Obama

3 posts
Visualizing Historical Political Party Identification in the Era of Trump

As many have noted, President Trump has shown a remarkable ability to maintain a strong base of support — about 40% of the voters — despite the myriad controversies swirling around him. Some clues about that base can be seen in the results of a fascinating survey taken recently by Pew Research Center to gauge Americans’ reaction to the Mueller investigation. Deep in the white paper released by Pew are historical numbers...

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Let’s Tess(t)ellate: The Electoral College in Tile Grid Maps, 1980-2012

I recently added some new charting tools here thanks to NPR’s excellent daily graphics rig, which we used recently to compare air quality in Seoul with other large cities. There’s still plenty of tinkering to be done here with the rig, especially with deployment to WordPress. But as a first public test, I made several tile grid maps to show Electoral College results in presidential elections since 1980. The “maps”...

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Sanders Strongest in Educated Areas

Last week we examined how the Democratic presidential campaigns have performed in the context of Barack Obama’s 2012 re-election. That analysis grouped Obama’s vote share into categories, highlighting how the country’s reddest and bluest counties have voted for Hillary Clinton and Bernie Sanders so far in the Democratic primaries. Clinton, the clear frontrunner, performed best in areas where Obama was strongest against Mitt Romney. But Sanders did slightly better when majority...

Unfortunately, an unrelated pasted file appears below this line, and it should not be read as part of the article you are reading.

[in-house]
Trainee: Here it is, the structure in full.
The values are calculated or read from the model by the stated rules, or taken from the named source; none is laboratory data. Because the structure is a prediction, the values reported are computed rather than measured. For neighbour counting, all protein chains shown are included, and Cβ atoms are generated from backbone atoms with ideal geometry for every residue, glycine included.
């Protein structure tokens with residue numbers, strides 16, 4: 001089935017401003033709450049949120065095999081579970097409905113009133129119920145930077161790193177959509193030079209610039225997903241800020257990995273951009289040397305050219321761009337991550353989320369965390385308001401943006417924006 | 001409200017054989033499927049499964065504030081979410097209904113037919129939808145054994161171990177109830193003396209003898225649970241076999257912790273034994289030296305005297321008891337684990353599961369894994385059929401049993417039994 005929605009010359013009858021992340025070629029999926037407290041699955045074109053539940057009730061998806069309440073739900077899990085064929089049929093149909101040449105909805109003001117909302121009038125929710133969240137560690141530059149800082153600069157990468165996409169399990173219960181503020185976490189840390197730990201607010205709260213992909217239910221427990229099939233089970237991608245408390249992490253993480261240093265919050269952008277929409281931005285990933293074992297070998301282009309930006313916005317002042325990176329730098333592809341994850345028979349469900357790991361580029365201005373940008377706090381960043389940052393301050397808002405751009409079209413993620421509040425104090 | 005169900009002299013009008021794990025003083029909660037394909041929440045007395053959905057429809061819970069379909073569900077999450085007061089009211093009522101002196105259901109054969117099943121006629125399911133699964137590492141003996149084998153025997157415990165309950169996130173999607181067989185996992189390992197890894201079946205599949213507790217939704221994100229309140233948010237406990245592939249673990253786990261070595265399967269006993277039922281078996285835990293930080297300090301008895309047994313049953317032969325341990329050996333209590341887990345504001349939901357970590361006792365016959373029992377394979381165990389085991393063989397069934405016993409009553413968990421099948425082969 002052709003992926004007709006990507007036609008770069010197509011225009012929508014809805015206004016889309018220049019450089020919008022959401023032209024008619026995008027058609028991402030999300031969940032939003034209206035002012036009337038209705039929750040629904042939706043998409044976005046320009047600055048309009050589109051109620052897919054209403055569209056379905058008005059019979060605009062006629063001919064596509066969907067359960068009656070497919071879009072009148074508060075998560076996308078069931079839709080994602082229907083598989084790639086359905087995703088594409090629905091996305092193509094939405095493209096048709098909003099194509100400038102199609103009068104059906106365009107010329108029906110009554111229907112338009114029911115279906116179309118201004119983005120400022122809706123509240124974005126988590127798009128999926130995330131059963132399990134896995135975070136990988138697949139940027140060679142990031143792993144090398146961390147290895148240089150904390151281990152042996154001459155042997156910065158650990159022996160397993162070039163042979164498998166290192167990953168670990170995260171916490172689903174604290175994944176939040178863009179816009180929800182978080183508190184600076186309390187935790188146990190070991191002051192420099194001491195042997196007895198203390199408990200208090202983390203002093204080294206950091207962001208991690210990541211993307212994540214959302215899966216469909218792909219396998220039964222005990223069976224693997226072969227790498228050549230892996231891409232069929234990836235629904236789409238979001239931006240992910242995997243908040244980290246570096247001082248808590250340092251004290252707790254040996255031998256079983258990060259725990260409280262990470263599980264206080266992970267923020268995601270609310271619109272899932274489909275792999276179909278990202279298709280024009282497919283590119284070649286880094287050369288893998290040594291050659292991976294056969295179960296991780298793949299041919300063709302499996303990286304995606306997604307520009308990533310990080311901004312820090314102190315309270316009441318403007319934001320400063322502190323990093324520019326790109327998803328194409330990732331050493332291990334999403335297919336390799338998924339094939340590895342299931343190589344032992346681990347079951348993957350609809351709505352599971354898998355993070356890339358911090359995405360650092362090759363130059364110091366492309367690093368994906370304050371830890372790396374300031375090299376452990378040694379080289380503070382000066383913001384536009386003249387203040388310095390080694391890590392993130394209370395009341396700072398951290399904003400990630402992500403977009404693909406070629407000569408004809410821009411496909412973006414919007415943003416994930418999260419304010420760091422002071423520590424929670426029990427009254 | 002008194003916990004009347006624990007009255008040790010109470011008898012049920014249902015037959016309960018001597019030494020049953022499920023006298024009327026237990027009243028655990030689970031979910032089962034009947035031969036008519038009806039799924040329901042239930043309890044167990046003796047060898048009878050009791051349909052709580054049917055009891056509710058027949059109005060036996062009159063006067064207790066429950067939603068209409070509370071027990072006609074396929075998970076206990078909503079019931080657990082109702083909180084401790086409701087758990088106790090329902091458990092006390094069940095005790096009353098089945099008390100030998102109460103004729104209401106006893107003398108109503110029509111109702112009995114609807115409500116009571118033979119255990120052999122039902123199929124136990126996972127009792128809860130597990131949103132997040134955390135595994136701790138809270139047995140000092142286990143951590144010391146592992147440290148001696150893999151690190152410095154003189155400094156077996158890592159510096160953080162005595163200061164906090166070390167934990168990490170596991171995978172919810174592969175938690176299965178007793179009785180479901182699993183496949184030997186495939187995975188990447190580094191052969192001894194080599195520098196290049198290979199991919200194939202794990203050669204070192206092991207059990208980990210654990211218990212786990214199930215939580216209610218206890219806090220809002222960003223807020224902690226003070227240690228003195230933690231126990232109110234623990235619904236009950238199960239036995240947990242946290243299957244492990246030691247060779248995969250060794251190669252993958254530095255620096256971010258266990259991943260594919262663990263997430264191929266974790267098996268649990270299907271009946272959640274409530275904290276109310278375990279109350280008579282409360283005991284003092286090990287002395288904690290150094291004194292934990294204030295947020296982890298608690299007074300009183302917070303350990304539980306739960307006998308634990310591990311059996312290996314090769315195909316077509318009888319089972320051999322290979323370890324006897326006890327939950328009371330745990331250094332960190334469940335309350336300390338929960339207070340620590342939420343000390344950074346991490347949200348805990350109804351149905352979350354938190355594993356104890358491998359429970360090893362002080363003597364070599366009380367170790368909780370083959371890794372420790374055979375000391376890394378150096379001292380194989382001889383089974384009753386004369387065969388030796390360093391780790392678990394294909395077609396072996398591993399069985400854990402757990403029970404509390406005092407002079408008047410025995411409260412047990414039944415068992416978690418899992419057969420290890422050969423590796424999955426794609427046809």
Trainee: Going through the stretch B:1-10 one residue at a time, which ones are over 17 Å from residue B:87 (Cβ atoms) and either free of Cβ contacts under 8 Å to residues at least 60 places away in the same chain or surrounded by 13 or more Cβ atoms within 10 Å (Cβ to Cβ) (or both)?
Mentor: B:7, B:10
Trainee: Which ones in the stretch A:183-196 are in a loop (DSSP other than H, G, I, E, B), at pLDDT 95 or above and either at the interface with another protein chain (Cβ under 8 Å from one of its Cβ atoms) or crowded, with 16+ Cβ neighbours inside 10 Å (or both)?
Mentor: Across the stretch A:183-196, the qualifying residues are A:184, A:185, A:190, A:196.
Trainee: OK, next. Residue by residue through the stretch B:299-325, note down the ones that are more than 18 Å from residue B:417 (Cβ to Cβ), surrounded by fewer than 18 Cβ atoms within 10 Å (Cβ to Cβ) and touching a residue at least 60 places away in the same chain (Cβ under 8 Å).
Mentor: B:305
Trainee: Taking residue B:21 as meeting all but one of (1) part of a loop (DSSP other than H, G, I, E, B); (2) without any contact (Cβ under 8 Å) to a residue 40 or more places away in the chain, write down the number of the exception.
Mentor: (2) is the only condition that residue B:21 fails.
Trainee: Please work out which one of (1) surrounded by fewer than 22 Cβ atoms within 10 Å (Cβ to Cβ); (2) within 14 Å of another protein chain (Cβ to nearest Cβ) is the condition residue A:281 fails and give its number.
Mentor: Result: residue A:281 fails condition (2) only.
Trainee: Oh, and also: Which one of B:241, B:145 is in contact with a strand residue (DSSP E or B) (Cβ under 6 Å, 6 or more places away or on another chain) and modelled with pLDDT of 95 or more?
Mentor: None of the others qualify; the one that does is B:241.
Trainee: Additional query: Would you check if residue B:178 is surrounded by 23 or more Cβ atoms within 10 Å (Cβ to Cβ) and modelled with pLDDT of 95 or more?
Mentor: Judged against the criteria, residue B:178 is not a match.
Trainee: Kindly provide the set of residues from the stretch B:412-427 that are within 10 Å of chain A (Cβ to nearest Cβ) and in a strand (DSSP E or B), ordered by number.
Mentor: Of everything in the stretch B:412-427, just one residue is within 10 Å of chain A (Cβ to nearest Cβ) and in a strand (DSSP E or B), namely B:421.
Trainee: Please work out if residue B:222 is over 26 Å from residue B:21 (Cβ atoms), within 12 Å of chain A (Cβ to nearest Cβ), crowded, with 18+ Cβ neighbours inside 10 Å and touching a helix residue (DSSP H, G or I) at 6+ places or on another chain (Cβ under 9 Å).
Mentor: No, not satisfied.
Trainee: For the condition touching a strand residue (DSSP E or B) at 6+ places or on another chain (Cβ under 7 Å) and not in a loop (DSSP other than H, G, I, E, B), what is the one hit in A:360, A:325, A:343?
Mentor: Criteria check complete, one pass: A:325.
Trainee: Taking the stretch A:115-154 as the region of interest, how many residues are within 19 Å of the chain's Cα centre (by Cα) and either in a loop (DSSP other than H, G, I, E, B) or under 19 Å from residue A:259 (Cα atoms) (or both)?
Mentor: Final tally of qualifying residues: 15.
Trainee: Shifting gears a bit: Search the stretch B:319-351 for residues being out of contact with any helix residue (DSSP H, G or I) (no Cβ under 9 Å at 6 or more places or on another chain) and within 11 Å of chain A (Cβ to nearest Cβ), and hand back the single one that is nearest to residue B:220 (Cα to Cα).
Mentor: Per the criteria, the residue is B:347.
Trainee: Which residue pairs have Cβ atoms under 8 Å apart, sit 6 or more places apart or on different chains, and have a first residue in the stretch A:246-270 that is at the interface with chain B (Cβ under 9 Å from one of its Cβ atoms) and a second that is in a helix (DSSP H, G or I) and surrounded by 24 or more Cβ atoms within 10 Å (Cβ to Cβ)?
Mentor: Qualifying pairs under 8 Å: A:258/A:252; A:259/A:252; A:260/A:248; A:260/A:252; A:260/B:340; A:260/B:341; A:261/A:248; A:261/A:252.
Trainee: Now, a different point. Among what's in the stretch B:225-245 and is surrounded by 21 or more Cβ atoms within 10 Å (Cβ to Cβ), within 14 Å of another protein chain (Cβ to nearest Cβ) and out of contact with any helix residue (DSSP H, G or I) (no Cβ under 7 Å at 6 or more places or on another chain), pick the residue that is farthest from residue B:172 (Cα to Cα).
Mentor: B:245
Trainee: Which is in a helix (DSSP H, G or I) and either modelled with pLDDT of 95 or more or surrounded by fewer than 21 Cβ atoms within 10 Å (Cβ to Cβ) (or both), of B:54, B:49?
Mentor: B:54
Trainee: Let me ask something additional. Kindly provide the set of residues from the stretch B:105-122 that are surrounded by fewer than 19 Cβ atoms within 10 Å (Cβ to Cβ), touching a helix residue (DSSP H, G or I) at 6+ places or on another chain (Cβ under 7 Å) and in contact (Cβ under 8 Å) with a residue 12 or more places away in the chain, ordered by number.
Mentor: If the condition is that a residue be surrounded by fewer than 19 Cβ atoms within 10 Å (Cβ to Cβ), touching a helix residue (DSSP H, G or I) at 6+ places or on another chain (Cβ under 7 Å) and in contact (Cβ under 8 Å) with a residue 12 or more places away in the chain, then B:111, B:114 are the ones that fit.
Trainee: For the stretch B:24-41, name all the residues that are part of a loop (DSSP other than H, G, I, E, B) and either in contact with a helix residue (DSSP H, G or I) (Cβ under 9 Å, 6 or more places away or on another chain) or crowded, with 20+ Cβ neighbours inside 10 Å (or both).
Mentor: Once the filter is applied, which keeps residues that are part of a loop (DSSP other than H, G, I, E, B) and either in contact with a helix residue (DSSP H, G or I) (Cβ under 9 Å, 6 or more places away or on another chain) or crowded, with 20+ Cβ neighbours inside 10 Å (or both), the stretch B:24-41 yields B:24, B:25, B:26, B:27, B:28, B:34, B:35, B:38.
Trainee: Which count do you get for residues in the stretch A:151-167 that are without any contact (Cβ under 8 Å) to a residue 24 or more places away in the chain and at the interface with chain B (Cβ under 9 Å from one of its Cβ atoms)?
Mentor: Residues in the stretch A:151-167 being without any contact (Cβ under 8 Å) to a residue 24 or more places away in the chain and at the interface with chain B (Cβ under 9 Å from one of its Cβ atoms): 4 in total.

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Comparing Clinton, Sanders Vote Share with Obama 2012

Among the fascinating aspects of American politics are the various factors — demographic, financial, historical, etc. — that shape the geography of campaigns. This election cycle is no different, with presidential candidates in both parties winning a seemingly random mix of specific counties and overall states since the primary season began in Iowa on Feb. 1. On the Democratic side, one question has nagged me this week: How have Hillary...

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Mapping Consistently Partisan Counties

When it comes to recent presidential elections, geography — at least in some stubborn places — is destiny. Voters in more than 1,600 American counties — a little more than half of those* in the United States — have consistently selected the same political party in each presidential election since George H.W. Bush faced off against Michael Dukakis. Chances are many of them will do so again this election cycle, too. This...

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